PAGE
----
These levels have been defined by the software carpentry people, and I have modified them to this:

  • beginner: You have just started out in this topic. You do not yet know how things are supposed to work. You do not have a mental model of this thing
  • intermediate: You are a regular user of this software/tool/concept, you have a mental model, but it is not very sophisticated
  • advanced: You have a sophisticated mental model how things work, and you even know when the model breaks, when it does not match reality.

Are you a Fearless Deployer?

Fast experimentation and confident deployments should be your goal

Are you a Fearless Deployer?
how do you feel when you press the ‘deploy to production’ button? Confident, slightly afraid? I bet many data scientists find it a bit scary. It’s worth it to dig a bit deeper into this fear. In my ideal world we are not scared at all. We have a devops mindset. We have no anxiety, no fears at all. You should be confident that the deployment pipeline takes care of everything. [Read More]

Should I Move to a Database?

Long ago at a real-life meetup (remember those?), I received a t-shirt which said: “biggeR than R”. I think it was by microsoft, who develop a special version of R with automatic parallel work. Anyways, I was thinking about bigness (is that a word? it is now!) of your data. Is your data becoming to big? big data stupid gif Your dataset becomes so big and unwieldy that operations take a long time. [Read More]

Where does the output of Rscript go?

stdin, stdout, stderr

We often run R interactively, through Rstudio or in the terminal. But you can also run Rscripts without manual intervention. Using Rscript. But where does the output go? Warning: This post is very linux/unix (macos) centred, I don’t know how this works in Windows. Also I’m using the standard shell in linux ‘bash’ I believe there are some small nuances in the commands in other shells like zsh. Why do I want to know this? [Read More]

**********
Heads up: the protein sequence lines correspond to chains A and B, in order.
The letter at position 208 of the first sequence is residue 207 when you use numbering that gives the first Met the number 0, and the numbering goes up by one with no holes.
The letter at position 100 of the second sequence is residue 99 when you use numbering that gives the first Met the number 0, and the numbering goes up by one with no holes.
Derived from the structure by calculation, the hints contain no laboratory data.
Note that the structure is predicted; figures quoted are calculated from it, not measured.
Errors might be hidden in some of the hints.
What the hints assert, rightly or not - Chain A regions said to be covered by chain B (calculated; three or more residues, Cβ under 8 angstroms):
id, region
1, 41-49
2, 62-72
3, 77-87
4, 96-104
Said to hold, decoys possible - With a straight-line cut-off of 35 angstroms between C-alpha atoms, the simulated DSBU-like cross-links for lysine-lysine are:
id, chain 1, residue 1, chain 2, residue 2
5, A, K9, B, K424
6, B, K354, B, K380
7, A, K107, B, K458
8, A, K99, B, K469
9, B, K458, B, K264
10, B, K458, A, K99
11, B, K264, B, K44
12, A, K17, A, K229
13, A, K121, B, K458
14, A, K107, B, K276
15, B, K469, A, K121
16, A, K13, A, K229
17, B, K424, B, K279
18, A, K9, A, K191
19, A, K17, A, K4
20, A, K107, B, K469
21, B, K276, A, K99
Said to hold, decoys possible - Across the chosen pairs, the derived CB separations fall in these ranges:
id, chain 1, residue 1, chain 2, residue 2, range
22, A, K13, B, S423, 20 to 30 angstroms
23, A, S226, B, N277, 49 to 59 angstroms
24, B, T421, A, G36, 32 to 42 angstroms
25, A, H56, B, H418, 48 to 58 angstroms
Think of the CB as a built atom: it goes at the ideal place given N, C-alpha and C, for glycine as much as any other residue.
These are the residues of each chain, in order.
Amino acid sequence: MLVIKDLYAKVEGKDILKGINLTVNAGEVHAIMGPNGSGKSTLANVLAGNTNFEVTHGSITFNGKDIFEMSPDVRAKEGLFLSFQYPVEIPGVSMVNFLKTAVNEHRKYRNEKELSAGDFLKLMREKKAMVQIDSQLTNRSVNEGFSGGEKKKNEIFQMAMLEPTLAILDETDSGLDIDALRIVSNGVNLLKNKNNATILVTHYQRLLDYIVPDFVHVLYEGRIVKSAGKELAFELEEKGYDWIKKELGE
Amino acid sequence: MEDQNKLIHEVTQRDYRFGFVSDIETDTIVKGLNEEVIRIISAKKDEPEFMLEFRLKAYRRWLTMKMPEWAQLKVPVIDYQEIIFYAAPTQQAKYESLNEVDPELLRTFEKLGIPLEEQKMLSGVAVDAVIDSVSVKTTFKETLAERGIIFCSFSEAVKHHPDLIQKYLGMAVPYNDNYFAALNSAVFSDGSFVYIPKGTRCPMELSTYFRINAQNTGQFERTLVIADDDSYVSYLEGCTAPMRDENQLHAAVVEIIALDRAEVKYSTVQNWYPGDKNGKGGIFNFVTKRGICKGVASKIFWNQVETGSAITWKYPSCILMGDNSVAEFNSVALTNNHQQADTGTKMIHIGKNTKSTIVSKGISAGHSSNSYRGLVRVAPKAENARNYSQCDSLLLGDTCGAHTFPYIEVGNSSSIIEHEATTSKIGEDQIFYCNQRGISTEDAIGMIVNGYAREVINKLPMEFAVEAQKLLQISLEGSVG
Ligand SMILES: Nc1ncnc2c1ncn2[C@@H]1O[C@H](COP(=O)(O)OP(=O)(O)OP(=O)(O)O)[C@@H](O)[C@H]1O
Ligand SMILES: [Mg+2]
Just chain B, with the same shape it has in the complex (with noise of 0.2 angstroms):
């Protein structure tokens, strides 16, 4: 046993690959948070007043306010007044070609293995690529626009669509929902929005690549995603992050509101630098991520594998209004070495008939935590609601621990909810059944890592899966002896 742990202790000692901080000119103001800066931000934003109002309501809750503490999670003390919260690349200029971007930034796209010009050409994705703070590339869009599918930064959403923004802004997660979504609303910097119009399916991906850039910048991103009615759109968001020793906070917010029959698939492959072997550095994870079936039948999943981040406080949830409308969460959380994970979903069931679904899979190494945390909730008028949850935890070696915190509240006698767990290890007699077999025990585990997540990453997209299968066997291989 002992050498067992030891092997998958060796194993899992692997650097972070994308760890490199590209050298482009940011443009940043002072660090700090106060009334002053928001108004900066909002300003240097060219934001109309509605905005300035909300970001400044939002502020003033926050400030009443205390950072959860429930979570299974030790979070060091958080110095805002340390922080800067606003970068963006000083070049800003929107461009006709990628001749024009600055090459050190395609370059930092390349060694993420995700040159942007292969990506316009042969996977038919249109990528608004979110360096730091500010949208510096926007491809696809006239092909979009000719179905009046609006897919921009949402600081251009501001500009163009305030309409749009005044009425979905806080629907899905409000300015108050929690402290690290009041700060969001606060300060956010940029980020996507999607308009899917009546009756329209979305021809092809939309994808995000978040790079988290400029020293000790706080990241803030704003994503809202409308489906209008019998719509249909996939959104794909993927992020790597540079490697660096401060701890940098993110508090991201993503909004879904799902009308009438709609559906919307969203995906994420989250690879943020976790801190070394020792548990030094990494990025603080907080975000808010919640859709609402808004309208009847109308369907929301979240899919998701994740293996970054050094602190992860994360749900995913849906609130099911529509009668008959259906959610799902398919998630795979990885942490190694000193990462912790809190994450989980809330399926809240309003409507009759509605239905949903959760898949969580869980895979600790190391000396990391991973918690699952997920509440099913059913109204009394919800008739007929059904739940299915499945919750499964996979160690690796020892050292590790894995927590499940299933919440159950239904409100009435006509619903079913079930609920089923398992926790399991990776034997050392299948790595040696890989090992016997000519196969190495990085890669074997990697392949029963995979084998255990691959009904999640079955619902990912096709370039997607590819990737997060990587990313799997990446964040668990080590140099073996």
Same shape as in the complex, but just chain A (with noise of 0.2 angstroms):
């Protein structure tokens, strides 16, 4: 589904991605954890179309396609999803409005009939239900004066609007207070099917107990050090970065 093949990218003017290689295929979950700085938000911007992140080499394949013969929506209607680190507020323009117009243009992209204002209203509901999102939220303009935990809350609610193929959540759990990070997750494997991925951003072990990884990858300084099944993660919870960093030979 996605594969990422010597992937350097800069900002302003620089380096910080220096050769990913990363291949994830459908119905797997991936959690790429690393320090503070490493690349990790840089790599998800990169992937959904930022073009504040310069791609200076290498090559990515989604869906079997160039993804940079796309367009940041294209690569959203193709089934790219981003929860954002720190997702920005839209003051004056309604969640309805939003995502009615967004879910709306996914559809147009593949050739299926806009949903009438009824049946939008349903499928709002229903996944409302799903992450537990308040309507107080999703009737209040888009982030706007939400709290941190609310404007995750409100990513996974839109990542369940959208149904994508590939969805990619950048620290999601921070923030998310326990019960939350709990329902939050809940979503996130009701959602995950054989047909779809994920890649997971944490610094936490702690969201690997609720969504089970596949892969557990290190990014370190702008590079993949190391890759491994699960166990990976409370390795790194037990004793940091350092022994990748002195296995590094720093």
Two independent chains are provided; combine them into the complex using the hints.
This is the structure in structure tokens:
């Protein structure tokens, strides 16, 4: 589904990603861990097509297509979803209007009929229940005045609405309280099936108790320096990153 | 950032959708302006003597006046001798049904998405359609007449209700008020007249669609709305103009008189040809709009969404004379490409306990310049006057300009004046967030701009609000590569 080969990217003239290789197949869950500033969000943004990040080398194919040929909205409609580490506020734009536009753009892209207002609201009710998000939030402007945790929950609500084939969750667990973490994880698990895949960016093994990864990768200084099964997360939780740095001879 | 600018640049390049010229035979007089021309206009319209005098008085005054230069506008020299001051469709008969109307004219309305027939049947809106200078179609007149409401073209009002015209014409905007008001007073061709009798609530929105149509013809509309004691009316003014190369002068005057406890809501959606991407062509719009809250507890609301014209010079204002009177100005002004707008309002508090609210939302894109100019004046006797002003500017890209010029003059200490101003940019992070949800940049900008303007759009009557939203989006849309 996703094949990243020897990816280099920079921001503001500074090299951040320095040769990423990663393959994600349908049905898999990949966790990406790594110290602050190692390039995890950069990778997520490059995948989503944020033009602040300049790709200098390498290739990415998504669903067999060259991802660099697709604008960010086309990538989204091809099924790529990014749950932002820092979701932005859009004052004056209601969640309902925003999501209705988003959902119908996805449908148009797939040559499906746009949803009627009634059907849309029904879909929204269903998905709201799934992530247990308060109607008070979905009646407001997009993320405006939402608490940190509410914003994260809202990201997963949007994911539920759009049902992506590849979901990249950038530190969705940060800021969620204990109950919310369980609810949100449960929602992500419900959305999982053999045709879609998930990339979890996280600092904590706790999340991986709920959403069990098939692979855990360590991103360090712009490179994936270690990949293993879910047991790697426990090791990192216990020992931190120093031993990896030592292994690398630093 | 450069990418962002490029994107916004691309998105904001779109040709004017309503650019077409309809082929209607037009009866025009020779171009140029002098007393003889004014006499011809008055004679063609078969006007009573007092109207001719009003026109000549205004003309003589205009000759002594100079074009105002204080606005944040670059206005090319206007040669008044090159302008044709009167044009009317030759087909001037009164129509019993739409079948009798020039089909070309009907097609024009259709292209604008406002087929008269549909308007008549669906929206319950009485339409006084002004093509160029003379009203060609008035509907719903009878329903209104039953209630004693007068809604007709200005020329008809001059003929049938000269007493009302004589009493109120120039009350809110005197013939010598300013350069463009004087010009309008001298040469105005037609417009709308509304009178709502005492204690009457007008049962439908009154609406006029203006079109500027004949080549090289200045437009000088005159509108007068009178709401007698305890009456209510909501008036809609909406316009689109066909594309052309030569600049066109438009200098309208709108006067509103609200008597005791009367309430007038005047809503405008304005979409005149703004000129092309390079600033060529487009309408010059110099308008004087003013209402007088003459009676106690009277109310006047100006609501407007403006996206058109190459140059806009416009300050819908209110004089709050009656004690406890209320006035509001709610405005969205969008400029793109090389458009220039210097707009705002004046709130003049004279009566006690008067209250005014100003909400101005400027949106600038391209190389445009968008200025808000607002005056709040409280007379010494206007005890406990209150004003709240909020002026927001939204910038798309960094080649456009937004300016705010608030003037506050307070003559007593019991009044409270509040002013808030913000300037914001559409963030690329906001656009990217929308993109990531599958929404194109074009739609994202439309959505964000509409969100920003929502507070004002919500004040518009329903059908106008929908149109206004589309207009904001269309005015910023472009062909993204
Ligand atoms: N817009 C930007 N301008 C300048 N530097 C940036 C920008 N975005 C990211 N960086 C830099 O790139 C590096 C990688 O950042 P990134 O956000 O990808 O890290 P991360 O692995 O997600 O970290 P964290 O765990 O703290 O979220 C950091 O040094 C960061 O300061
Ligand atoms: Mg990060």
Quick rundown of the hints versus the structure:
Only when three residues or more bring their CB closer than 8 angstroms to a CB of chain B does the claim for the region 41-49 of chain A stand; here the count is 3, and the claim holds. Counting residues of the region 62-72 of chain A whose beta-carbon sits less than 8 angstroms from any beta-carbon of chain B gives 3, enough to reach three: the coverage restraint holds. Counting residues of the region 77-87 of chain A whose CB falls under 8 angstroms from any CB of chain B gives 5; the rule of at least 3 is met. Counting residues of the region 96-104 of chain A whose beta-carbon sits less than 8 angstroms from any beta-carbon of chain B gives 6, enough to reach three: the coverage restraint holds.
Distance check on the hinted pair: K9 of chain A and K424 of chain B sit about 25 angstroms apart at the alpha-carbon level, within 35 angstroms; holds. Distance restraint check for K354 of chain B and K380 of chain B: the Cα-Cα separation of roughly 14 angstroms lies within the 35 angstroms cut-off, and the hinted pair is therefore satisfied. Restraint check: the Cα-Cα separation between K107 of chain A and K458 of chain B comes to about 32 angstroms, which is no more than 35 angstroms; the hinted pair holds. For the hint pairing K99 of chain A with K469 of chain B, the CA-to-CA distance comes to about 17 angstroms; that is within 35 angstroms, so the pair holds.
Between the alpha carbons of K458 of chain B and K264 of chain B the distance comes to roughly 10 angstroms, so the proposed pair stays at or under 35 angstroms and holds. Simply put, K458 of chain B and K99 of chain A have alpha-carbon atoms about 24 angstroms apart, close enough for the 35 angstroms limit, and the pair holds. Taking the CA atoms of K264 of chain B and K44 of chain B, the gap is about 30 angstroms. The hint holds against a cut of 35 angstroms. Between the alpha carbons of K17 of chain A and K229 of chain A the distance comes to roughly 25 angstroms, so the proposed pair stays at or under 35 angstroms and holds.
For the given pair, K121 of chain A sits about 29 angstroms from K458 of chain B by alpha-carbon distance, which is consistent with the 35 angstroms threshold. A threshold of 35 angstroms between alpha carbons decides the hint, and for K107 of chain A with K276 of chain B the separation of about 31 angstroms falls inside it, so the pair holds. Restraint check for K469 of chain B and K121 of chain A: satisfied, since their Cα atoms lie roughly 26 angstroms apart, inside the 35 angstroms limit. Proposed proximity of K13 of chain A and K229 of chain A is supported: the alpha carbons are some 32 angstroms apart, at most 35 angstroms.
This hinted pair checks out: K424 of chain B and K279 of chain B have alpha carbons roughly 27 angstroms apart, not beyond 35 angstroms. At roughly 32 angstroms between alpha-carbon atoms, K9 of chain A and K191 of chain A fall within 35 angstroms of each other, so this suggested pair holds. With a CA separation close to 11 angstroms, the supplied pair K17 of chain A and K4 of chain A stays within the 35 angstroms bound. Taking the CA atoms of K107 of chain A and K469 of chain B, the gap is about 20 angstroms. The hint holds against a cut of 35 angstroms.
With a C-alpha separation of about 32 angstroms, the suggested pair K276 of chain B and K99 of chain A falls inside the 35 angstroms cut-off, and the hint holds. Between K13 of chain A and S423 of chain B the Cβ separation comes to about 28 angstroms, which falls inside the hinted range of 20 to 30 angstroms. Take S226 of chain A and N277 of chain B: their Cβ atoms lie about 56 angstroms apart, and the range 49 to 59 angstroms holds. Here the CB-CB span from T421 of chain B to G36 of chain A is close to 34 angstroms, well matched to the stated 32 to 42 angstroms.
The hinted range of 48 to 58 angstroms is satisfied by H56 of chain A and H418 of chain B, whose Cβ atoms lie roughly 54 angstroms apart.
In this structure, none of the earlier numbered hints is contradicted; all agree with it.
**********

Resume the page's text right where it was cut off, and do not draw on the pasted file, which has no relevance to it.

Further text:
Adding logging to a shiny app with loggit

This is a very short post with example code Over time when you move your shiny app from your computer to a server, you want to add some logging. Generally logging is defined in levels : INFO (everything you want to print), WARNING (it does not stop the application, but it could be a problem), and ERROR (fatal things). Shiny server does already log all it’s actions to a file on the server, but that file can be hard to access. [Read More]

Setting up a version controlled shiny-server

Last week I set up a shiny server, it was relatively easy! But I wanted something more, a way to make changes on my local computer and push it to the server. Shiny server (I used the open source version) has multiple installers provided by RStudio. The installers for shiny-server create a user shiny and installs all the services needed. I used a guide specific for my version of linux to install shiny-server and combined it with two other guides to make it version controlled. [Read More]

Adding bananas from the commandline (extending the oomsifier)

Sometimes you just want to add bananas from the commandline. Previously I created a small script that takes an image and adds a dancing banana to the bottom left of the image. I wanted to make an API too, but that will have to wait till next year. Today we will create a commandline script that will do the same thing. With the excellent explanation in Mark Sellors' guide I have now created a cmdline thingy in very few steps. [Read More]

Non-standard-evaluation and standard evaluation in dplyr

THIS POST IS NO LONGER ENTIRELY RELEVANT. DPLYR 0.7 HAS A SLIGHTLY DIFFERENT (AND SLIGHTLY MORE INTUITIVE) WAY OF WORKING WITH NON-STANDARD EVALUATION. EDIT: IT IS COMPLETELY DIFFERENT NOW. AND I RECOMMEND I love the dplyr package with all of its functions, however if you use normal dplyr in functions in your package r-cmd-check will give you a warning: R CMD check NOTE: No visible binding for global variable NAME OF YOUR VARIABLE 1. [Read More]

Your most valuable collaborator, future-you

You don’t want future-you to curse past-you

I was recently at a R users meetup where Hadley Wickham talked about data wrangling. He showed some interesting stuff! Did you know that you can put a data frame into a data frame? You can make a list of data frames and add that list to your data frame. Very cool, and more useful then I thought, but that is not what I wanted to talk about. I would like to give you some tips about working with someone you will probably work with in the future. [Read More]